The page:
Something unexpected happened. I got pregnant on birth control.
I was 34 years old when I found out I was expecting my first child. We wanted to start our family soon, but I was working on losing about 30 pounds, so I would be healthier and feel better during my pregnancy.
When I found out I was pregnant I was excited, but also surprised. I hadn’t spent any time thinking about what my options were for prenatal care and delivery. I was like, “Ok, now what?”
This is an unusual interview and birth story for us to share. Julie Garner never gave birth at Breath of Life, but she has been a supporter of our birth center over the last few years. After being introduced to our staff and touring the facility, she came to us and asked if she could share her story. She wants women to know that they are empowered with choices–choices she never knew she had.
So, Julie, you were pregnant before you were planning to be and you didn’t know that you had options for prenatal care and delivery. What did you do and how did you make that decision?
Most of the women I knew had hospital deliveries, so it’s the only choice I thought I had. My mom had breast cancer when she was 48, and so I had started seeing an OBGYN in my early twenties for preventative, well-care. So, I just scheduled an appointment with him. He had been supportive of my health, so I was sure he would be supportive of my pregnancy, too.
And was your OBGYN supportive?
Of course, he was very excited for me at that initial appointment. When I went to check out, though, I was scheduled for three more appointments over the next week. A pre-birth consultation, an ultrasound, and an introduction to a midwife.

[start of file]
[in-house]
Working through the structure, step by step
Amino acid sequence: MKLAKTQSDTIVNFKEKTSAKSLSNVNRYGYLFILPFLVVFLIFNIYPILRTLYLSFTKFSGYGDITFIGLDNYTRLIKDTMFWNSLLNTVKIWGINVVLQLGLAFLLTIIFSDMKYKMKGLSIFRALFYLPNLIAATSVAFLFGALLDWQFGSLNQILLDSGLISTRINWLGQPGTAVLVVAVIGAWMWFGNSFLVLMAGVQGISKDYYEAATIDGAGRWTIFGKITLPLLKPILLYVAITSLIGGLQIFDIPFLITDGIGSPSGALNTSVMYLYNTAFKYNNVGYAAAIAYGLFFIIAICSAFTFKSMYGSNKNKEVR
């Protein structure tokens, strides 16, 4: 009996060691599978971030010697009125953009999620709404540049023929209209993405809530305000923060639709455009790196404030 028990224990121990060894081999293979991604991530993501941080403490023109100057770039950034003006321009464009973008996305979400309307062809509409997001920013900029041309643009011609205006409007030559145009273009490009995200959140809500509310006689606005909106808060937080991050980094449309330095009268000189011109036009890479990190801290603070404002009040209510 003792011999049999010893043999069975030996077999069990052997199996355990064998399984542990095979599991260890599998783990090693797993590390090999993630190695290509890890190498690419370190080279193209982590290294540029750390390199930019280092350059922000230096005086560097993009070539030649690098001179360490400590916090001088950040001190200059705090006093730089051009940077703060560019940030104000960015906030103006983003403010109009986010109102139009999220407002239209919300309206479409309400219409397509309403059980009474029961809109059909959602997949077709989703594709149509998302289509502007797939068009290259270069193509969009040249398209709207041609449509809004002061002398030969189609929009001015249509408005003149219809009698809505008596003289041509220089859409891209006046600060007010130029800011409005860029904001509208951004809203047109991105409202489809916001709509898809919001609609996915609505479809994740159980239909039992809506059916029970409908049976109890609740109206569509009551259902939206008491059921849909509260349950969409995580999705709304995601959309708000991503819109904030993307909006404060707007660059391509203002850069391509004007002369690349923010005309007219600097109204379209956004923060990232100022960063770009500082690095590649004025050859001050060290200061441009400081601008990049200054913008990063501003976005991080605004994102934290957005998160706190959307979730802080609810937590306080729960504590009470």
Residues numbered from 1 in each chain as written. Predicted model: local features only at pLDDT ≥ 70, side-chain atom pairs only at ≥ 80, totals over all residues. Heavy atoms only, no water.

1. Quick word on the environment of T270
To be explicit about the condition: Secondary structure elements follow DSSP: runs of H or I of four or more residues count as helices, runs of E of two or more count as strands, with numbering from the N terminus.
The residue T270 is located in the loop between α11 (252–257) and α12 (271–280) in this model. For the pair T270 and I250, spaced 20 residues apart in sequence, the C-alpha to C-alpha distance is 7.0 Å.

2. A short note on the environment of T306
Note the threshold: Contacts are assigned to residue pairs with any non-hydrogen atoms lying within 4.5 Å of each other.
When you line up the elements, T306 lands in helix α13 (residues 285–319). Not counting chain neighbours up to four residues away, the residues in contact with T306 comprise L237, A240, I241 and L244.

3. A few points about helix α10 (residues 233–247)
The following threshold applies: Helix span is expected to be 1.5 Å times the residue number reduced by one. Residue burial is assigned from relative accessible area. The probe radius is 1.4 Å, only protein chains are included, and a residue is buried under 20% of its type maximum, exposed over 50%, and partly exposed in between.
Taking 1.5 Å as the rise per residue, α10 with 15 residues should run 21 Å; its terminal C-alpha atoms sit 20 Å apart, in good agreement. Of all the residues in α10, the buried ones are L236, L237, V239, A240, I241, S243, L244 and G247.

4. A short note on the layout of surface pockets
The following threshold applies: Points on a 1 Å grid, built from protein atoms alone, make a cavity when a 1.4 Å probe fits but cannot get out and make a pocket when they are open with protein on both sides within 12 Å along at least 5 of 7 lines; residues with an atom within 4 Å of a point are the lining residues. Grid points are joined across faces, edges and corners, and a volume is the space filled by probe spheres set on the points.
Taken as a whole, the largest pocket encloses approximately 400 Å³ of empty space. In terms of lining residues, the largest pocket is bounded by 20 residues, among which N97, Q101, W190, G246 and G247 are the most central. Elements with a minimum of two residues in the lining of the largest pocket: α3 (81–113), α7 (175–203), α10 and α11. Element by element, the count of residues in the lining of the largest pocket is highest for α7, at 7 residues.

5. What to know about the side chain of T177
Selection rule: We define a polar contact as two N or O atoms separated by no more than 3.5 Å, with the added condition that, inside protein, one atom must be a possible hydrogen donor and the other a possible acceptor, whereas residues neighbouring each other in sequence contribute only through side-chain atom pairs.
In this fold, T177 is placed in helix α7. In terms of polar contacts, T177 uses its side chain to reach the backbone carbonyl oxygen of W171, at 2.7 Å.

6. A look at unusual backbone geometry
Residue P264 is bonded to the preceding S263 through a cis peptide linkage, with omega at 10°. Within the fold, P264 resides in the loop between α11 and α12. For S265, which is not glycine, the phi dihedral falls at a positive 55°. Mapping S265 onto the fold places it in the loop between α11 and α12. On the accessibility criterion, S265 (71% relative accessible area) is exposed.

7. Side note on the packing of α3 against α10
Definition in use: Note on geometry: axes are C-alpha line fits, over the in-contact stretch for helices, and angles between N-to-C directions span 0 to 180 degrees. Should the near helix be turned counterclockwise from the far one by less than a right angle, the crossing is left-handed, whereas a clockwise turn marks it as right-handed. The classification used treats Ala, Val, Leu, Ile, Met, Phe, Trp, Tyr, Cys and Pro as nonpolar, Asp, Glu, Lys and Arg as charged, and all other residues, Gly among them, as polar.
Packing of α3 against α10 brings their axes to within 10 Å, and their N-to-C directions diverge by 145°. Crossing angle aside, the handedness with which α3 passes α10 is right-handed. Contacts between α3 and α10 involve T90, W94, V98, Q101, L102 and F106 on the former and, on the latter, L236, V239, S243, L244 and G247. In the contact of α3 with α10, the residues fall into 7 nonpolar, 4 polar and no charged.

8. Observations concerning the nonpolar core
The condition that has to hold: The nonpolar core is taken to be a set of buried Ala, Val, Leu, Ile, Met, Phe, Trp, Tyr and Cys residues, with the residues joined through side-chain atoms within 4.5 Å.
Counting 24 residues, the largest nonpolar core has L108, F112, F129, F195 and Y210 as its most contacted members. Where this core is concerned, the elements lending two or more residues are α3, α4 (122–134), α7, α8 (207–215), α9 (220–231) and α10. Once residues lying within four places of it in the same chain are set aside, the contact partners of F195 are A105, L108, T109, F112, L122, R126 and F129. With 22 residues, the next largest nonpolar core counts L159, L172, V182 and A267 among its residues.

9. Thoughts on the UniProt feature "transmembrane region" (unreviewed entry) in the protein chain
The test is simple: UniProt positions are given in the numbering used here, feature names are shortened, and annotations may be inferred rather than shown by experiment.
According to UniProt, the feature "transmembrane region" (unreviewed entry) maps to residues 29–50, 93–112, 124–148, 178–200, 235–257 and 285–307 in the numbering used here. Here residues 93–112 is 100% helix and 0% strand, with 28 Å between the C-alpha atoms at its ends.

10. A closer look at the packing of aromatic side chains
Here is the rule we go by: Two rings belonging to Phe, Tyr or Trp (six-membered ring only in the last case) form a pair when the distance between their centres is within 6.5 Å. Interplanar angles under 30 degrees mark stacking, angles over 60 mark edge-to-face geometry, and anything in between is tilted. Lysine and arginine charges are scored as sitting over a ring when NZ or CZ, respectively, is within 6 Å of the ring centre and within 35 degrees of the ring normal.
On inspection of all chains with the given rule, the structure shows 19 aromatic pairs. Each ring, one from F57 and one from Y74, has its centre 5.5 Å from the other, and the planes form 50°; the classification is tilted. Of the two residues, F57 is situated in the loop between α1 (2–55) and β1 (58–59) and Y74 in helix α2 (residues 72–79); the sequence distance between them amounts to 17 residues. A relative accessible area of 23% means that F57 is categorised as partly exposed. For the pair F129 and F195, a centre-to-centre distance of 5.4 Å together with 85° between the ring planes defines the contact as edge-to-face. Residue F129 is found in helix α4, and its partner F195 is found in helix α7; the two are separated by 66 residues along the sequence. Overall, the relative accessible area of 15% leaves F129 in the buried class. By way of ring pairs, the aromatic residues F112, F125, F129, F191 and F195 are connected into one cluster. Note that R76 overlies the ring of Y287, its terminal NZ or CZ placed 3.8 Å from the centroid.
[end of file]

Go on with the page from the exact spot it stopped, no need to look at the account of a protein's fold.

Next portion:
The ultrasound was awesome because I got to see this tiny little human life inside of me and hear its heartbeat. At the midwife appointment, I learned that I wouldn’t be meeting with my OBGYN again unless there was a need for a doctor. There were 10 midwives on staff and I would never know who I’d see from appointment to appointment. They sold this as ‘a good thing for me” since any of the midwives might be working when I go into labor, so I should get to know all of them.
But, the meeting with a birth consultant was horrible. She walked my husband and me through a large stack of paperwork. She repeatedly told me that both my age and my weight made my pregnancy high risk.
“Do you want this test to find out if your baby has birth defects?” No, thank you.
“How about this test to find out if your baby is at risk for Downs Syndrome?” No.
Those tests wouldn’t have changed anything for us, yet, I could sense her frustration that we wouldn’t want to know about risks early in the pregnancy…because, after all, I was high risk. (She repeated that at least a dozen times.)
I left that meeting feeling scared.
How did that concern of being high-risk play out over the next few months?
Each appointment was both exciting and anxiety-producing. Every time I went, I was reminded that my age and my weight were a great concern.
At around five months, I was diagnosed with gestational diabetes. That produced more fears and more concerns, even though I was disciplined enough to control my blood sugar through nutritional changes up until the last month of my pregnancy.
Then, my proteins were high and I had to carry around a container and collect my urine for several days. That turned out to be a false alarm.
I had extra ultrasounds where each time they would tell me my baby was large.
My final four weeks, I was going into the office almost every other day for Non-Stress (NST) Tests to make sure my baby wasn’t in distress. Let’s just say, it was nine months of high anxiety.
That sounds stressful. Tell us about your labor and delivery.
At week 38, one of the midwives suggested I have a labor induction because of how large my baby was measuring. As a first-time mom, never having experienced birth, this was very alarming. I wondered how my body could possibly handle birthing a baby the size of a bowling ball.